Is Chicago on the Verge of a Housing Crisis? New Data Suggests Yes

Chicago's housing market is showing signs of trouble.

Although the housing crisis of 2008 is now drifting into history, the impact of the crash is still being felt by many Americans. The U.S., in general, has recovered from the burst of the housing bubble. However, many cities and housing markets have not.

In several American cities, there are now some unsettling signs of a new, looming housing crisis, according to a study from GOBankingRates. The study analyzed the country’s largest cities and looked at the percentage of mortgages that have negative equity — meaning the home is actually worth less than the total cost of the mortgage, also called being “underwater” on your mortgage — as well as vacancy and delinquency rates. Although the study analyzed 54 U.S. cities, the city that stands out most is the No. 2 city most in danger of a housing crisis: Chicago. America’s third-largest city has some serious housing issues to deal with.

Read on to find out why Chicago is facing a potentially dangerous housing crisis.

Click to See the Full Study: Cities in Danger of a Housing Crisis — Is Yours on the List?

Many Homeowners in Chicago’s Housing Market Have Negative Equity and Underwater Mortgages

The Chicago housing market is plagued by homes with underwater mortgages. What’s especially concerning is Chicago’s sheer size. The No. 1 city in danger of a housing crisis was Newark, New Jersey, and it has a population of only of 285,154, according to the U.S. Census Bureau. Meanwhile, the population of Chicago is over 2.7 million.

When GOBankingRates conducted its study of cities in the most danger of a housing crisis, Zillow’s negative equity data dated from first quarter 2017. At that time, 22.9 percent of Chicago homes with a mortgage were in negative equity.

A year later, the share of homes with negative equity barely budged. As of June 30, 2018, the national average for homes with negative equity is 8.2 percent, according to Zillow’s latest data. In the Chicago metro area, the rate is 13.5 percent. And for the city proper, 21.4 percent — or more than a fifth — of its homes have negative equity.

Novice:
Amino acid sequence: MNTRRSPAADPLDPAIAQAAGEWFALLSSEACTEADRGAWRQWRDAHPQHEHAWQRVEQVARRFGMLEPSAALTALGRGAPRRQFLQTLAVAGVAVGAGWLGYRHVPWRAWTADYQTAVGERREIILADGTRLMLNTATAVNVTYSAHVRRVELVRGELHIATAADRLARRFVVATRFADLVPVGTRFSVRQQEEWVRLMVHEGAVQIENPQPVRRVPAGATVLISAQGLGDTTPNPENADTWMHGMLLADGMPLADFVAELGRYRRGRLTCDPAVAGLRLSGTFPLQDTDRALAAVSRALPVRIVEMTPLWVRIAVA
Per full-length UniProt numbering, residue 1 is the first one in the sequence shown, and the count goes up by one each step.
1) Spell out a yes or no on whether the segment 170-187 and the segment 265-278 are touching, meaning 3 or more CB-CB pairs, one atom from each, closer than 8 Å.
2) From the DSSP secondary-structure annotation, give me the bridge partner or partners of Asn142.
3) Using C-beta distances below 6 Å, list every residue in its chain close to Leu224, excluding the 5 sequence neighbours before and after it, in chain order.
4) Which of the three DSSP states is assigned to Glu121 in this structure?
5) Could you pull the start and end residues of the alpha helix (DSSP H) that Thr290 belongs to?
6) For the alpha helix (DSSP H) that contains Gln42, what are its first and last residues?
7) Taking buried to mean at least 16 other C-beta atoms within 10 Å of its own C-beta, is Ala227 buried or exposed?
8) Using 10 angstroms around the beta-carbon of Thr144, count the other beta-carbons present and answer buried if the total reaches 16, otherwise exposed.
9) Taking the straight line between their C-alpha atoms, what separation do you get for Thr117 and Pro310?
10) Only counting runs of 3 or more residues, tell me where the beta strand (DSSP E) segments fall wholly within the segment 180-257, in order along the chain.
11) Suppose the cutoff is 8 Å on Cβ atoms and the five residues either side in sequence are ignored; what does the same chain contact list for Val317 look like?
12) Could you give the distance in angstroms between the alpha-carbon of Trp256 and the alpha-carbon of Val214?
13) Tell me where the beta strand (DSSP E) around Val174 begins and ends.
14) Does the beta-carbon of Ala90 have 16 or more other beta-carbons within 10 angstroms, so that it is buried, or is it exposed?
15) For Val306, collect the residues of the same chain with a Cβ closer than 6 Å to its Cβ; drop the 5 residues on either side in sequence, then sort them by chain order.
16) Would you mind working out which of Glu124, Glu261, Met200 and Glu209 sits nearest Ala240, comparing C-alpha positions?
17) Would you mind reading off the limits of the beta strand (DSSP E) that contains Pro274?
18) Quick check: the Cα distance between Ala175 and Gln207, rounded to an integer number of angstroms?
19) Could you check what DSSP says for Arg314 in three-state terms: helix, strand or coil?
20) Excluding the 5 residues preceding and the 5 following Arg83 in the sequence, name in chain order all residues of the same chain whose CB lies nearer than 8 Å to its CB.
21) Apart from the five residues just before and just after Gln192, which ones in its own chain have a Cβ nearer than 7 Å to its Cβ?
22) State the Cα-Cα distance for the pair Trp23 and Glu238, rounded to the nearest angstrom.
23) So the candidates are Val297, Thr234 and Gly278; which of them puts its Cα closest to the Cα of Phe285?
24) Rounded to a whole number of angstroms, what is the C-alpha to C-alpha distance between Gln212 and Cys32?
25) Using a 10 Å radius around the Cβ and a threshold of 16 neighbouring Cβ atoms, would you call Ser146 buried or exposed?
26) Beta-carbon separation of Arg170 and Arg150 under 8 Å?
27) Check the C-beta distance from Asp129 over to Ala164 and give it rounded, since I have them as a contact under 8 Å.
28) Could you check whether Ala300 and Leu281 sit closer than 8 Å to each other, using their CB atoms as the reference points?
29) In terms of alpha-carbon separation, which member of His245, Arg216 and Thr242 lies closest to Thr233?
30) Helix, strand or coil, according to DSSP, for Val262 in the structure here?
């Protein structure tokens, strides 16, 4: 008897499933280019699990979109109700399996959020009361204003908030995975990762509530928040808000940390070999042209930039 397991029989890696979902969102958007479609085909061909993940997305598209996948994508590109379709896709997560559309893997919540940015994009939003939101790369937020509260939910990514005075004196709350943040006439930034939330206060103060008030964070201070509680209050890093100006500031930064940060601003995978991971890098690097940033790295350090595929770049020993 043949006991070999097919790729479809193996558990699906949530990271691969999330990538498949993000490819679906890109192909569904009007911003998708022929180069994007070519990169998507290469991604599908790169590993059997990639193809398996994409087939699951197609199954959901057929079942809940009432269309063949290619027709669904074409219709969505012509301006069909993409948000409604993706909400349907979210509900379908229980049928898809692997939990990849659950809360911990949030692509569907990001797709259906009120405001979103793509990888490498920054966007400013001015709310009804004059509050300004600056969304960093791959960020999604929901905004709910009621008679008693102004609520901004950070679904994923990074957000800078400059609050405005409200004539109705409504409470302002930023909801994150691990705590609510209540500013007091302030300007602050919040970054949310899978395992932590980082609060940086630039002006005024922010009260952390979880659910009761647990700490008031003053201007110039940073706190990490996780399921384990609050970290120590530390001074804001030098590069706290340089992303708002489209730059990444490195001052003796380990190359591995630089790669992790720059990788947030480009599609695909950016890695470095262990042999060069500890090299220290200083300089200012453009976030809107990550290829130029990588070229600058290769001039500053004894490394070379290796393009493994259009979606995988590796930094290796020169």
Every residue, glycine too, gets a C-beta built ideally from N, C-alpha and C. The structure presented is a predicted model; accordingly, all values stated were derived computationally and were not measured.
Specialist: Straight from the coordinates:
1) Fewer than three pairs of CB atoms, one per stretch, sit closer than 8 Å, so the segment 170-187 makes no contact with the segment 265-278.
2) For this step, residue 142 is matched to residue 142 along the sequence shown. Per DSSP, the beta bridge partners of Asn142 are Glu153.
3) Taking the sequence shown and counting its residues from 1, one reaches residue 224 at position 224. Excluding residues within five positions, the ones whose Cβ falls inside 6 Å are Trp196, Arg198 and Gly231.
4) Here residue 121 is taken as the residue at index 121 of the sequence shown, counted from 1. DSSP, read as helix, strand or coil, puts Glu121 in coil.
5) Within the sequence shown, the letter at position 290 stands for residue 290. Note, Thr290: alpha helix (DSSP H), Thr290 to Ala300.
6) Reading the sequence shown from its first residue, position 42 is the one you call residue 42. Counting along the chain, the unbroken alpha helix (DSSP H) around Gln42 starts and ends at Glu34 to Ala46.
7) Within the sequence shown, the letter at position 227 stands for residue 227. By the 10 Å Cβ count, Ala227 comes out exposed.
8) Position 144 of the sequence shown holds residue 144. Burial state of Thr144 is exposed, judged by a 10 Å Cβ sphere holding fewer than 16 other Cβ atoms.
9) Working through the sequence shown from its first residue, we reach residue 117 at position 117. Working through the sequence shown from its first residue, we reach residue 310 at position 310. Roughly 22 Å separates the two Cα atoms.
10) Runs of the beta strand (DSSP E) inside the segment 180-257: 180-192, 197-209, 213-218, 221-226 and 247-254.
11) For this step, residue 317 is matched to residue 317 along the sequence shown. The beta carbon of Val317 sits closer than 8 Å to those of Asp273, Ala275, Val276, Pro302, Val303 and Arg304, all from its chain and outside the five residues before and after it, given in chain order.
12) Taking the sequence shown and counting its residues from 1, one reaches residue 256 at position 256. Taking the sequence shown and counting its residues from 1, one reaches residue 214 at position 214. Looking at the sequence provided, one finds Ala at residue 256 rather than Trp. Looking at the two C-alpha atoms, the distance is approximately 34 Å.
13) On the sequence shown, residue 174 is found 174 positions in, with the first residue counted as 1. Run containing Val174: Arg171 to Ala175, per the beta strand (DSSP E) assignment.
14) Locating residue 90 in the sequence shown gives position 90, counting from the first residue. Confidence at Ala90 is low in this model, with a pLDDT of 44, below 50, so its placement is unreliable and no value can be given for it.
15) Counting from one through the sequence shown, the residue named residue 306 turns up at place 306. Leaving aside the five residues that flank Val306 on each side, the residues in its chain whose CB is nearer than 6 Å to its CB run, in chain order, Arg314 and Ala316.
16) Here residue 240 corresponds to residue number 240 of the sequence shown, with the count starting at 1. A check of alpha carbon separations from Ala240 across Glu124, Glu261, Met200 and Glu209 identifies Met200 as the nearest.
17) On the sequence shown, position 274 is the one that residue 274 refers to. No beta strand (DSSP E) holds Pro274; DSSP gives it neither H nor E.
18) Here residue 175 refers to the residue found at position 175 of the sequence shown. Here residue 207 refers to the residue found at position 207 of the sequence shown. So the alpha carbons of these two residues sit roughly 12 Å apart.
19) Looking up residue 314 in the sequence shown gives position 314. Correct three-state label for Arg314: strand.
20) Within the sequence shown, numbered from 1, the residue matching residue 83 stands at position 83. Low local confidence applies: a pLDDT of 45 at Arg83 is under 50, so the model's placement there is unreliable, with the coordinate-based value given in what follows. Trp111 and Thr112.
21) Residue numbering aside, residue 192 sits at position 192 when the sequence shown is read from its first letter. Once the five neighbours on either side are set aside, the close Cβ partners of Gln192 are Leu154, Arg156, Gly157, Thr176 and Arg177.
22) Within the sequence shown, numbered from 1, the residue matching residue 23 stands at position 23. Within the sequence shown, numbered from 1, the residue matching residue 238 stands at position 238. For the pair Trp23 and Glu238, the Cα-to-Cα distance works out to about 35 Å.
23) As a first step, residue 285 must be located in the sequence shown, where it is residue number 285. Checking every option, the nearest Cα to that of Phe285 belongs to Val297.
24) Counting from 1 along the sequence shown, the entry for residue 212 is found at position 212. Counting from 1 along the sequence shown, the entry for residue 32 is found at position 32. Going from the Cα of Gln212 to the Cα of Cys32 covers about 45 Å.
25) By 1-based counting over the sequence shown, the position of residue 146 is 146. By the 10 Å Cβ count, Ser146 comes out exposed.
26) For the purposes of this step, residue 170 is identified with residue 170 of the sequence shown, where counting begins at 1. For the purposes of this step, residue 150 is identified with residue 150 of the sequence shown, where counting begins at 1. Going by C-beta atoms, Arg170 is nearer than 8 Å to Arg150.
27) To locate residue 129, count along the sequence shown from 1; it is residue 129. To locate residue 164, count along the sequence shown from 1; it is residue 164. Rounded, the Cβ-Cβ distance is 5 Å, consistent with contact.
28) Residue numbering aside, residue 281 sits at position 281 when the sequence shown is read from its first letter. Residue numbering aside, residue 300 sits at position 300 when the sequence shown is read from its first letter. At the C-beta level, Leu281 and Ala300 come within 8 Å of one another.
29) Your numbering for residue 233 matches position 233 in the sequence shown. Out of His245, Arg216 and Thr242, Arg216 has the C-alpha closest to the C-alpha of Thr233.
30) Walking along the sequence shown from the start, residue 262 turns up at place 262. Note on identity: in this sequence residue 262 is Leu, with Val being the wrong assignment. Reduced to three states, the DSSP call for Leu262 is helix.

Below you’ll see that several sizable cities in the Chicago metro area are also running high with negative equity:

  • Aurora: 11.8 percent of homes have negative equity
  • Elgin: 11.9 percent of have negative equity
  • Joliet: 15.5 percent of homes have negative equity

Learn More: What Is an Underwater Mortgage?

Chicago Also Has High Foreclosure Rates and Vacancy Rates

Foreclosures are also a problem in Chicago. Where the U.S. foreclosure rate is one home in every 2,348, Chicago’s foreclosure rate is significantly higher at one in every 1,486 homes, according to RealtyTrac.

More concerning is how high the foreclosure rate gets on the ZIP code level. For example, ZIP codes 60628, 60652 and 60636 — all on the South Side of Chicago — have foreclosure rates of one in every 447 homes, 419 homes and 416 homes, respectively. Each of those ZIP codes has a foreclosure rate that’s more than five times the U.S. rate, while Chicago’s is more than one-and-a-half times the national rate.

Vacancies are higher than average in Chicago as well. According to the U.S. Census Bureau’s 2017 American Community Survey, 12.8 percent of all homes in Chicago are vacant, compared to 12.2 percent for the U.S. overall. Chicago also has a greater percentage of homes that are for rent and vacant, as well as homes that are sold and vacant.

Click to See: The Foreclosure Crisis Is Still Hitting These State States Hard

What to Do If Your City Is Facing a Housing Crisis

Solutions are hard to come by. For instance, selling your home and moving out isn’t always an option. According to Crain’s Chicago Business, negative equity is such a problem for homeowners in the Chicago area that selling wouldn’t cover the cost of buying and moving to their next home.

But if your mortgage is underwater, there are some steps you can take. For example, you might want to consider refinancing your mortgage loan, or make an attempt to short sale your home. Or, maybe you can find a way to keep up with your mortgage payments and stay in your home until the market improves. If you’re unsure, reach out to your lender or a professional financial planner or advisor for help.

Click through to see which cities now have more affordable homes.

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Methodology: GOBankingRates determined which places are most in danger of a housing crisis based on three factors: (1) percentage of homes with mortgage in negative equity (also called “underwater”), (2) total number of homes underwater, (3) number of homes at least 90 days late on mortgage payment, (4) negative equity delinquency rate, all sourced from Zillow; (5) homeowner vacancy rate, and (6) rental vacancy rate, both sourced from the U.S. Census Bureau.